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The effects of high intensity exercise on cognitive performance are not fully understood. Music can affect physiological responses to exercise which may also impact cognitive performance. The aim of this study was to determine if music could impact cognitive performance after a bout of high intensity exercise. METHODS: Twelve subjects (n=7 males, n=5 females, 20.3 ± 1.7 y; 72.2 ± 14.9 kg; 1.70 ± 0.09 m) completed the Stroop test after a short (12 min) bout of high intensity interval exercise while listening to either Classical, Rock, or No Music. Subjects completed the Brunel Music Rating Inventory after listening to Classical or Rock music during a control (no exercise) session. Order of testing was randomized. RESULTS: There was no significant difference in Stroop effect between musical conditions without exercise (No Music 166.6 ± 118.17 ms; Classical 138.42 ± 86 ms; Rock 139.67 ± 74.47 ms). There was also no significant difference in Stroop effect between musical conditions with exercise (No Music 132.39 ± 88.93 ms; Classical 137.05 ± 61.74 ms; Rock 102.6 ± 83.1 ms). There was also no significant difference in Stroop effect between control and exercise for the different music conditions. There was, however, a significant interaction effect of music and exercise on heart rate response (p<0.01), with exercise HR being significantly lower during either music condition (Classical [146.41 ± 12.59ms], Rock [148.92 ± 12.30ms]) than without music (151 ± 16.66ms). CONCLUSIONS: The results of the present study suggest that selective attention is resistant to the effects of a short high intensity interval exercise bout and the distraction of either classical or rock music. The results also suggest that music may lower average heart rate during high intensity interval exercise.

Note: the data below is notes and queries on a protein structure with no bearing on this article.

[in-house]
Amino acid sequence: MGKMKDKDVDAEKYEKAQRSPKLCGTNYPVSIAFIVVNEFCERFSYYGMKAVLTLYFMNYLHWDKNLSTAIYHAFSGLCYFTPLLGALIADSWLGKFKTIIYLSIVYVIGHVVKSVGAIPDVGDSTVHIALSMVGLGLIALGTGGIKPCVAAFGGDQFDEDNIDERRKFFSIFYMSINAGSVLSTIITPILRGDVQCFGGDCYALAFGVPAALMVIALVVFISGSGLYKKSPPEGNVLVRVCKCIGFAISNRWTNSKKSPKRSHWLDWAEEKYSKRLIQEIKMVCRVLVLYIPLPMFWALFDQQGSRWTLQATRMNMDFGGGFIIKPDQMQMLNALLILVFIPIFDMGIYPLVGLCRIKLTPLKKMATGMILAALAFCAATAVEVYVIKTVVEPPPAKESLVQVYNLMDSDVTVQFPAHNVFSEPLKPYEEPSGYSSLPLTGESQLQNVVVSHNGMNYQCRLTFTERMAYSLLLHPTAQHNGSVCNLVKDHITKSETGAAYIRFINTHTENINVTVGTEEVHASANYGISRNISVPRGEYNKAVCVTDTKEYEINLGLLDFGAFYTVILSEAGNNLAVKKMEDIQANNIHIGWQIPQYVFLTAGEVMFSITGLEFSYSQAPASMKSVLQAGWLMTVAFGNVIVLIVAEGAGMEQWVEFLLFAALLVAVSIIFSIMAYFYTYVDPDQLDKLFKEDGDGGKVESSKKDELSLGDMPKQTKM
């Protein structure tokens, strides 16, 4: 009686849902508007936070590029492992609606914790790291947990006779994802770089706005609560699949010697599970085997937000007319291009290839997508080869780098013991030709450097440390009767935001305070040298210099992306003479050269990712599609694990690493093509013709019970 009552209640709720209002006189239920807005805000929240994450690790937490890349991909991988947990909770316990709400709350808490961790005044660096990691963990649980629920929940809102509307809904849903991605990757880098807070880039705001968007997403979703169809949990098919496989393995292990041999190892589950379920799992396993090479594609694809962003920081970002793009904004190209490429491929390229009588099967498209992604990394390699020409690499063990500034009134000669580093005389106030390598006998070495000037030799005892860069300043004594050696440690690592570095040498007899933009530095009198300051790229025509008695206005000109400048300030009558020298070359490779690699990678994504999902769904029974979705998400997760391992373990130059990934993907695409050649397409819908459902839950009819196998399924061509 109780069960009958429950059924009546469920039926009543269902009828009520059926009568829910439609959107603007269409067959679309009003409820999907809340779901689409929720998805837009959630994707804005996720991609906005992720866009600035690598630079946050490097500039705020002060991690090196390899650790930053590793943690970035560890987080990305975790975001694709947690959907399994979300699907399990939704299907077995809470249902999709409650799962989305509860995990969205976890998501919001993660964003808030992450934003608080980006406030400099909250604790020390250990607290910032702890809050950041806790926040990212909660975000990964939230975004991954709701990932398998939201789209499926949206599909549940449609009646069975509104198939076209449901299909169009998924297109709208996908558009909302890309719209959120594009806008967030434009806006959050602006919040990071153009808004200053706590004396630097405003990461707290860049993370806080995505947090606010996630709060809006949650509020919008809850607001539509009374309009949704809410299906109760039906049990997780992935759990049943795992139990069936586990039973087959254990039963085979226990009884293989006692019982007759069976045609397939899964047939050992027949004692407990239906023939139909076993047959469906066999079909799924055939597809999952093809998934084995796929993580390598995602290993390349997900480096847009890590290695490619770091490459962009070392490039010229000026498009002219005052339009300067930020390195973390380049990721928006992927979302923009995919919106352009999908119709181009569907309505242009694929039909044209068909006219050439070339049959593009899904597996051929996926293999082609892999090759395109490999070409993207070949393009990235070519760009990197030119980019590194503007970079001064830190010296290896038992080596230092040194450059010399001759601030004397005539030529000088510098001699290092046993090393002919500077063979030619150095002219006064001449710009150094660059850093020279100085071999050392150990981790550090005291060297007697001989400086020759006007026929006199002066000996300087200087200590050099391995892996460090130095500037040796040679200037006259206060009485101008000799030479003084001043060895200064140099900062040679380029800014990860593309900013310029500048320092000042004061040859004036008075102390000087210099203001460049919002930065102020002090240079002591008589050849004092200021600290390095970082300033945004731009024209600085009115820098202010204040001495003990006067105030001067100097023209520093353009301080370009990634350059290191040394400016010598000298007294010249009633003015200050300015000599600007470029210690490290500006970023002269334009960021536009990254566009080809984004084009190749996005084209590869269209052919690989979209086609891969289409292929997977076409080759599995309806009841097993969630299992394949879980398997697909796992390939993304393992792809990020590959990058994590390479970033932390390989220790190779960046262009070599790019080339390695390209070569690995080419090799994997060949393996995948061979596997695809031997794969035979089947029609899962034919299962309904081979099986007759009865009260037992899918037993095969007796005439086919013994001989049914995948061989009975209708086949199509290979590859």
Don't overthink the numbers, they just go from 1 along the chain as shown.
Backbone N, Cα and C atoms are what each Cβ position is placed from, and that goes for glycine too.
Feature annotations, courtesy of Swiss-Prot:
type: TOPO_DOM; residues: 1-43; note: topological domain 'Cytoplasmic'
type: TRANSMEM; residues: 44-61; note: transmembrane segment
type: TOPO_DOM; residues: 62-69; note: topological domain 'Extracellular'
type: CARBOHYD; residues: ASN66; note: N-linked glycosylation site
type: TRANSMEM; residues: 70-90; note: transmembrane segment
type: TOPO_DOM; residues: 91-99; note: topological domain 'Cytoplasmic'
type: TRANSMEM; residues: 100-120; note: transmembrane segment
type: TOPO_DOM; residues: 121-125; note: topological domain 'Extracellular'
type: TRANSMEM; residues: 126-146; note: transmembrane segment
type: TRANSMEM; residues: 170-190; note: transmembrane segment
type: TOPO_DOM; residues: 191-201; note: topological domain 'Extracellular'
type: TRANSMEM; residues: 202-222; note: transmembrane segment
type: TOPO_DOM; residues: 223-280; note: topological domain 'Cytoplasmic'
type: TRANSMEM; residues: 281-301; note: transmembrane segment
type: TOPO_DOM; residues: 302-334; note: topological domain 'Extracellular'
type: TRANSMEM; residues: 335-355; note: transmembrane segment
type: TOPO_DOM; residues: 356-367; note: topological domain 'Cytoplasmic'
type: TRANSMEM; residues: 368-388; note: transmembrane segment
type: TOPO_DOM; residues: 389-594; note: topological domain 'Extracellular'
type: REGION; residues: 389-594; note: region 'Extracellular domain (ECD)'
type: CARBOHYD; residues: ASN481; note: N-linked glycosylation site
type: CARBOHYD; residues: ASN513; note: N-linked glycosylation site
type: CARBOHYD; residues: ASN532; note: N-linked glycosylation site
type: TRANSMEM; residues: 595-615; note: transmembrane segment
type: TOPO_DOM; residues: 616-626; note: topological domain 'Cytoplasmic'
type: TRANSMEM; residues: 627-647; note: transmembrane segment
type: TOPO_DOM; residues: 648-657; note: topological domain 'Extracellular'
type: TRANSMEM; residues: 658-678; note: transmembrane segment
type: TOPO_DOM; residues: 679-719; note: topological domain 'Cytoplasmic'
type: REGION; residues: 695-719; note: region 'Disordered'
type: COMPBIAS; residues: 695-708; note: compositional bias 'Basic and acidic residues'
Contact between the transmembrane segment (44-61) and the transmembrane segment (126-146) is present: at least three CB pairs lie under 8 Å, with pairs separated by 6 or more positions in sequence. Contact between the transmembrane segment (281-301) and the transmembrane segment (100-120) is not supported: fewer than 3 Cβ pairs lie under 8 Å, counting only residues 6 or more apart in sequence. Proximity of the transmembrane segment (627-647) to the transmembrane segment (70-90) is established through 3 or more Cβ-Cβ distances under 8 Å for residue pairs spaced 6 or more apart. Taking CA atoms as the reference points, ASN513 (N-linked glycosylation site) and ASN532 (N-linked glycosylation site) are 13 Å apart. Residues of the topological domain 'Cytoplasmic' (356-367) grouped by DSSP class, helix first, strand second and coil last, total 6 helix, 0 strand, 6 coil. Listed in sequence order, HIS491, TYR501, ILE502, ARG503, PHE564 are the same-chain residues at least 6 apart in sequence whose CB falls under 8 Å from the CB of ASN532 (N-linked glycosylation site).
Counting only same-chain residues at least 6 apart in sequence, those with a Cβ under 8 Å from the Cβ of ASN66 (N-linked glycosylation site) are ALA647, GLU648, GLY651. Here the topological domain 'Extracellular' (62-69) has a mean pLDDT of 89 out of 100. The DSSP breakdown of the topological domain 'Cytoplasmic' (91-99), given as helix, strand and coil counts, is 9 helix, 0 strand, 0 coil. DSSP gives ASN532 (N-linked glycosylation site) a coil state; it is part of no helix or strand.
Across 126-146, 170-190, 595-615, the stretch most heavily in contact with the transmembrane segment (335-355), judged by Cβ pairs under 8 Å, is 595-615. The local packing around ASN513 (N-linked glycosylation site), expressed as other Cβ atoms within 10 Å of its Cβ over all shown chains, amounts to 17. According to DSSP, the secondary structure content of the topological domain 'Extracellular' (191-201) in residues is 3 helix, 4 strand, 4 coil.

Faculty Advisor: Dr. Jo Morrison



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